TOKYO – China on Thursday announced that it has officially applied to join the Comprehensive and Progressive Agreement for Trans-Pacific Partnership, 300 days after President Xi Jinping first expressed its intention to do so.
But without a concrete prospect of being accepted, why has Beijing acted now?
Jia Qingguo, professor and former dean of the School of International Studies at Peking University, told Nikkei in November 2020 that a Chinese candidacy would be a challenge for Japan because “refusing the request would mean a confrontation with China, but Japan cannot easily accept it either. because the United States would never agree to that. “
As a member of the Standing Committee of the Chinese People’s Political Consultative Conference, Jia is deeply involved in shaping foreign policy.
Three days after the interview, Xi announced at a virtual summit for the Asia-Pacific Economic Cooperation Forum that China “would favorably consider joining” the CPTPP. Looking back, Jia’s comments to the Nikkei were likely based on the fact that such an announcement was coming.
Since then-President Donald Trump withdrew the United States from the former Trans-Pacific Partnership in 2017, China has considered joining the trade pact – which later became the CPTPP – and laid the groundwork . Beijing has spotted a golden opportunity to replace Washington as the primary voice in setting trade rules for the Asia-Pacific region.
Premier Li Keqiang first raised the idea of China’s membership in May 2020. This came shortly after Xi’s scheduled state visit to Japan in April which was canceled due to of the pandemic. The trip to Japan was extremely important for Beijing amid deteriorating relations with Washington. China had refrained from expressing interest in the CPTPP until then, understanding that it would put Japan in an awkward position and give Tokyo an excuse to withdraw from Xi’s visit.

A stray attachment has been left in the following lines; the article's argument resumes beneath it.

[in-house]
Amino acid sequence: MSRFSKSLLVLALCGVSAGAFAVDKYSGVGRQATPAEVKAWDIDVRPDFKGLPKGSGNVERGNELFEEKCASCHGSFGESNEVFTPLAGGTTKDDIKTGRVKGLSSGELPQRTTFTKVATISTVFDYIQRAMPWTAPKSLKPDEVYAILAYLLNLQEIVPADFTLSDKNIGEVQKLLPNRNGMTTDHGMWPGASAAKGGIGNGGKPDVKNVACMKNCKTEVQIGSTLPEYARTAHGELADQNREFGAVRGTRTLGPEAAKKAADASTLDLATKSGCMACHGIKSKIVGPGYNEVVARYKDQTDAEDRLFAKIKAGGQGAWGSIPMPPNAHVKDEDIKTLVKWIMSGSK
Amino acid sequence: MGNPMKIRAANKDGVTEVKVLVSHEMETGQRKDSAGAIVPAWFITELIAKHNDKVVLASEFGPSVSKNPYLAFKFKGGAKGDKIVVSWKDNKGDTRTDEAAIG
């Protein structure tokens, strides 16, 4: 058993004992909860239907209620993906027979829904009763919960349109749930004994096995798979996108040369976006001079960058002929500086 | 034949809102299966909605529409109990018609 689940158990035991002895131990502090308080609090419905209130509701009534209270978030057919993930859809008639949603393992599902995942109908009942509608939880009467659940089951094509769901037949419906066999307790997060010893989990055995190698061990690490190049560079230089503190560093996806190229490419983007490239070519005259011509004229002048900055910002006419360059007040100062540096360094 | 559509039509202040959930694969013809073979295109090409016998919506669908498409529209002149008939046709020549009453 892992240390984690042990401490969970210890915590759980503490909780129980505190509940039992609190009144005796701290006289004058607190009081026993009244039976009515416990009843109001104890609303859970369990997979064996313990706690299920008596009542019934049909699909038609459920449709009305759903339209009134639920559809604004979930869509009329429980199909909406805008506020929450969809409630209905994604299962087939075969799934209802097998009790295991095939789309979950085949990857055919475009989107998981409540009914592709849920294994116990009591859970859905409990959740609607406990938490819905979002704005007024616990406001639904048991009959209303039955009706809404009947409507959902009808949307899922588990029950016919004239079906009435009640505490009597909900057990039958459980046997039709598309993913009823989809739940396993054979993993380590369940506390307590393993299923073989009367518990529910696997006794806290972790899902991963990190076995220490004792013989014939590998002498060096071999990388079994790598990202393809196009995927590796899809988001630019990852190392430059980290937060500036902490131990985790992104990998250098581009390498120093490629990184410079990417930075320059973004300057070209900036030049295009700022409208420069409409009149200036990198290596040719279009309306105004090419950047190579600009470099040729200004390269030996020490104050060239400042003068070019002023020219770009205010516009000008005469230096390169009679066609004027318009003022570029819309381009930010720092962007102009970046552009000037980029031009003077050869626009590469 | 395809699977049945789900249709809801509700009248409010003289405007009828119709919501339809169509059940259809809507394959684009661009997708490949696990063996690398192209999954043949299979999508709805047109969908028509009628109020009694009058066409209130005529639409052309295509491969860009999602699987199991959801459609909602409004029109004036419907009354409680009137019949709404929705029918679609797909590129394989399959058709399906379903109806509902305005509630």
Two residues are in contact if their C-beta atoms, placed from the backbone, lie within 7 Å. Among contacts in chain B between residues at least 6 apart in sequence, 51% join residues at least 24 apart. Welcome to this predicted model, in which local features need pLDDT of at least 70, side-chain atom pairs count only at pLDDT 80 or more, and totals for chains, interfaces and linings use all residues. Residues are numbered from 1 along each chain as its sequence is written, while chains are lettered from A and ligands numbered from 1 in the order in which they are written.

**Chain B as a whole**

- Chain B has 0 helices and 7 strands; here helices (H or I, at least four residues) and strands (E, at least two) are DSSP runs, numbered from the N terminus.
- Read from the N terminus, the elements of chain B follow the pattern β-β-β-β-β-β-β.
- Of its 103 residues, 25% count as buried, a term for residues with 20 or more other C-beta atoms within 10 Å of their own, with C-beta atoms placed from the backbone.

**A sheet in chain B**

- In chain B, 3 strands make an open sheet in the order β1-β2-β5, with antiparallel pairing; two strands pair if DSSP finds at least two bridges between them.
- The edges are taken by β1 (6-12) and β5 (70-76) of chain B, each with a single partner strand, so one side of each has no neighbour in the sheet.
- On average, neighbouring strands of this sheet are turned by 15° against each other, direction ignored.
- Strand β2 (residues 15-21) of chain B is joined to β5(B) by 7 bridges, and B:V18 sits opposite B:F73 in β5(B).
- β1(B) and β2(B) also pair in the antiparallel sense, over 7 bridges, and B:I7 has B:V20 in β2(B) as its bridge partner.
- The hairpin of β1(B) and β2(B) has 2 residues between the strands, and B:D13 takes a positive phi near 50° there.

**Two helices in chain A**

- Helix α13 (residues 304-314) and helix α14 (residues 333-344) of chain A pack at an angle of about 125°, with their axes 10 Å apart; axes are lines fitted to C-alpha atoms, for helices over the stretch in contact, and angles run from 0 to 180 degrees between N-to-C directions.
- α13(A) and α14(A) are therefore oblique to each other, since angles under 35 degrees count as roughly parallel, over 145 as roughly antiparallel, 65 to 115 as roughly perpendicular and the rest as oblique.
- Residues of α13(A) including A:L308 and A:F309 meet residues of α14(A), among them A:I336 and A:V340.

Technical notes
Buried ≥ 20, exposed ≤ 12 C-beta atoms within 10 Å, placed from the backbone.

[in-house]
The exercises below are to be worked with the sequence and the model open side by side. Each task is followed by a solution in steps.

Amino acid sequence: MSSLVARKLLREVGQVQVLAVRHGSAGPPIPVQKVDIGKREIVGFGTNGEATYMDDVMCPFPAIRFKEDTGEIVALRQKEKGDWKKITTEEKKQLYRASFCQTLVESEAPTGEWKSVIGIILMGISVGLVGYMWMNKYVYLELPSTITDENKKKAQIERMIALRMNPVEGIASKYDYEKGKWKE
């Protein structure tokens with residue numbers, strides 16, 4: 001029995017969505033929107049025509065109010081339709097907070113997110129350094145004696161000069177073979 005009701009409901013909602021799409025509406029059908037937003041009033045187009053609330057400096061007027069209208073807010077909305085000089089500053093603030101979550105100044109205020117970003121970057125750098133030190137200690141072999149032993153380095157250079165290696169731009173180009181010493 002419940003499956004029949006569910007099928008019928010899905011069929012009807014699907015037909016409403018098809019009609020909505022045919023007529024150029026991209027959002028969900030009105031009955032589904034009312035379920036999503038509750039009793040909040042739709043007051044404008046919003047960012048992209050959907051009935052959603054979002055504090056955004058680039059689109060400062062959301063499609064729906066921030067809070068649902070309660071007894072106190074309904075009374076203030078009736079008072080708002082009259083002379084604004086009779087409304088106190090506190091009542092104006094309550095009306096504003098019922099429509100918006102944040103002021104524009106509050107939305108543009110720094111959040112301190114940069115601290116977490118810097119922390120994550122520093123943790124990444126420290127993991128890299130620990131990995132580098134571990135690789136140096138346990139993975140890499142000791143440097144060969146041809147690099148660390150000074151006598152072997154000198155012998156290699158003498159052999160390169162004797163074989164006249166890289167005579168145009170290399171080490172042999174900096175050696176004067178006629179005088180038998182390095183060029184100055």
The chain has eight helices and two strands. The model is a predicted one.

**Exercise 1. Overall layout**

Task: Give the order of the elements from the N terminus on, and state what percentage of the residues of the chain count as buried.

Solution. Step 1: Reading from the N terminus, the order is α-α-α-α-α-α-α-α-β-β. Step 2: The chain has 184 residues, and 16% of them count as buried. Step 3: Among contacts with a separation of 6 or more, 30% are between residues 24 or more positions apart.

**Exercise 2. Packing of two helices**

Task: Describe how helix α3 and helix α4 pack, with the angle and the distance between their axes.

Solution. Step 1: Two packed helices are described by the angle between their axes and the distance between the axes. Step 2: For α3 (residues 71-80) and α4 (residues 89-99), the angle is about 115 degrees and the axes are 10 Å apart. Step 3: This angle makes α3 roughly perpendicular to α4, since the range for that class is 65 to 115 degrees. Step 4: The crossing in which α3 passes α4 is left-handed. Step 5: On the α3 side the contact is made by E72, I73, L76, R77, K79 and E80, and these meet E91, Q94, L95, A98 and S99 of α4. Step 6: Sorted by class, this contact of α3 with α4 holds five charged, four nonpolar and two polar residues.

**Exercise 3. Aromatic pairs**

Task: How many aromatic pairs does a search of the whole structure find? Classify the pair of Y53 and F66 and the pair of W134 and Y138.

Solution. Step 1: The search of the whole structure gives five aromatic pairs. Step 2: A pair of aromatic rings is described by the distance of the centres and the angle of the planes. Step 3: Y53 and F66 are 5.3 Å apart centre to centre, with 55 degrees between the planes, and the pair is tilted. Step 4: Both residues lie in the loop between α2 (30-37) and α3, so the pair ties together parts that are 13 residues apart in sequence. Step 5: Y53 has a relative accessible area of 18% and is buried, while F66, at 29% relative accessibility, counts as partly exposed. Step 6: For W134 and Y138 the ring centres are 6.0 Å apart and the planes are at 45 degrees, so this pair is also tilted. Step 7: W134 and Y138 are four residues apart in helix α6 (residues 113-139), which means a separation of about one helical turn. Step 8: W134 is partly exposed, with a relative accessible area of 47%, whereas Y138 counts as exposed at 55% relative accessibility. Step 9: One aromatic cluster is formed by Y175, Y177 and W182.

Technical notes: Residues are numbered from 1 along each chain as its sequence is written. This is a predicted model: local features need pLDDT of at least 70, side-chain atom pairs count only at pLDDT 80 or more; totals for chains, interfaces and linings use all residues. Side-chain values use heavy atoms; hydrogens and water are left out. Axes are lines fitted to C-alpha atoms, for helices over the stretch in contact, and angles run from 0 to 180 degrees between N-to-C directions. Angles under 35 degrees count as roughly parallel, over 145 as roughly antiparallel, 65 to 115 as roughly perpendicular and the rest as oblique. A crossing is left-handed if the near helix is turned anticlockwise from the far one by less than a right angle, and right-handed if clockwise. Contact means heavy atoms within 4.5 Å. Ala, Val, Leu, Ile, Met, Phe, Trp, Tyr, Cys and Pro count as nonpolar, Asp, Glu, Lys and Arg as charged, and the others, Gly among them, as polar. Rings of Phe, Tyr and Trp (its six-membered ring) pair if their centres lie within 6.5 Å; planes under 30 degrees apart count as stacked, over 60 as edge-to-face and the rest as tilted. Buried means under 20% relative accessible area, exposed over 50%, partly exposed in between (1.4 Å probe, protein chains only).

But with the trip canceled, China was free to act. Once Xi announced his interest in November, he was ready to apply at any time.
China does not expect to be admitted anytime soon, given the high standards the CPTPP demands of its members. But Thursday’s candidacy is inseparable from the “China containment” wall that Beijing is seeing rising.
On Wednesday, the United States, United Kingdom and Australia launched a new security group, AUKUS, with a particular focus on China. Washington and London will jointly offer technological support to Canberra for the construction of nuclear-powered submarines. On Thursday, the European Union presented its own “Strategy for Cooperation in the Indo-Pacific”, citing the deepening of ties with Taiwan.
The CPTPP currently has 11 members, with the UK awaiting membership. From a purely economic point of view, adding the huge Chinese market to the free trade area would have a significant impact.
Some members may adopt the idea of having China in the group. Such a scenario would be ideal for Beijing.
As Jia predicted, Japan is now in a tough spot. Refusing China at the gate would most certainly trigger severe denigration against Japan from the Xi administration. But any lenient stance would attract questions from Washington.
Driving a wedge in US-Japan relations, at the heart of the containment alliance with China, appears to be precisely the goal of the CPTPP request.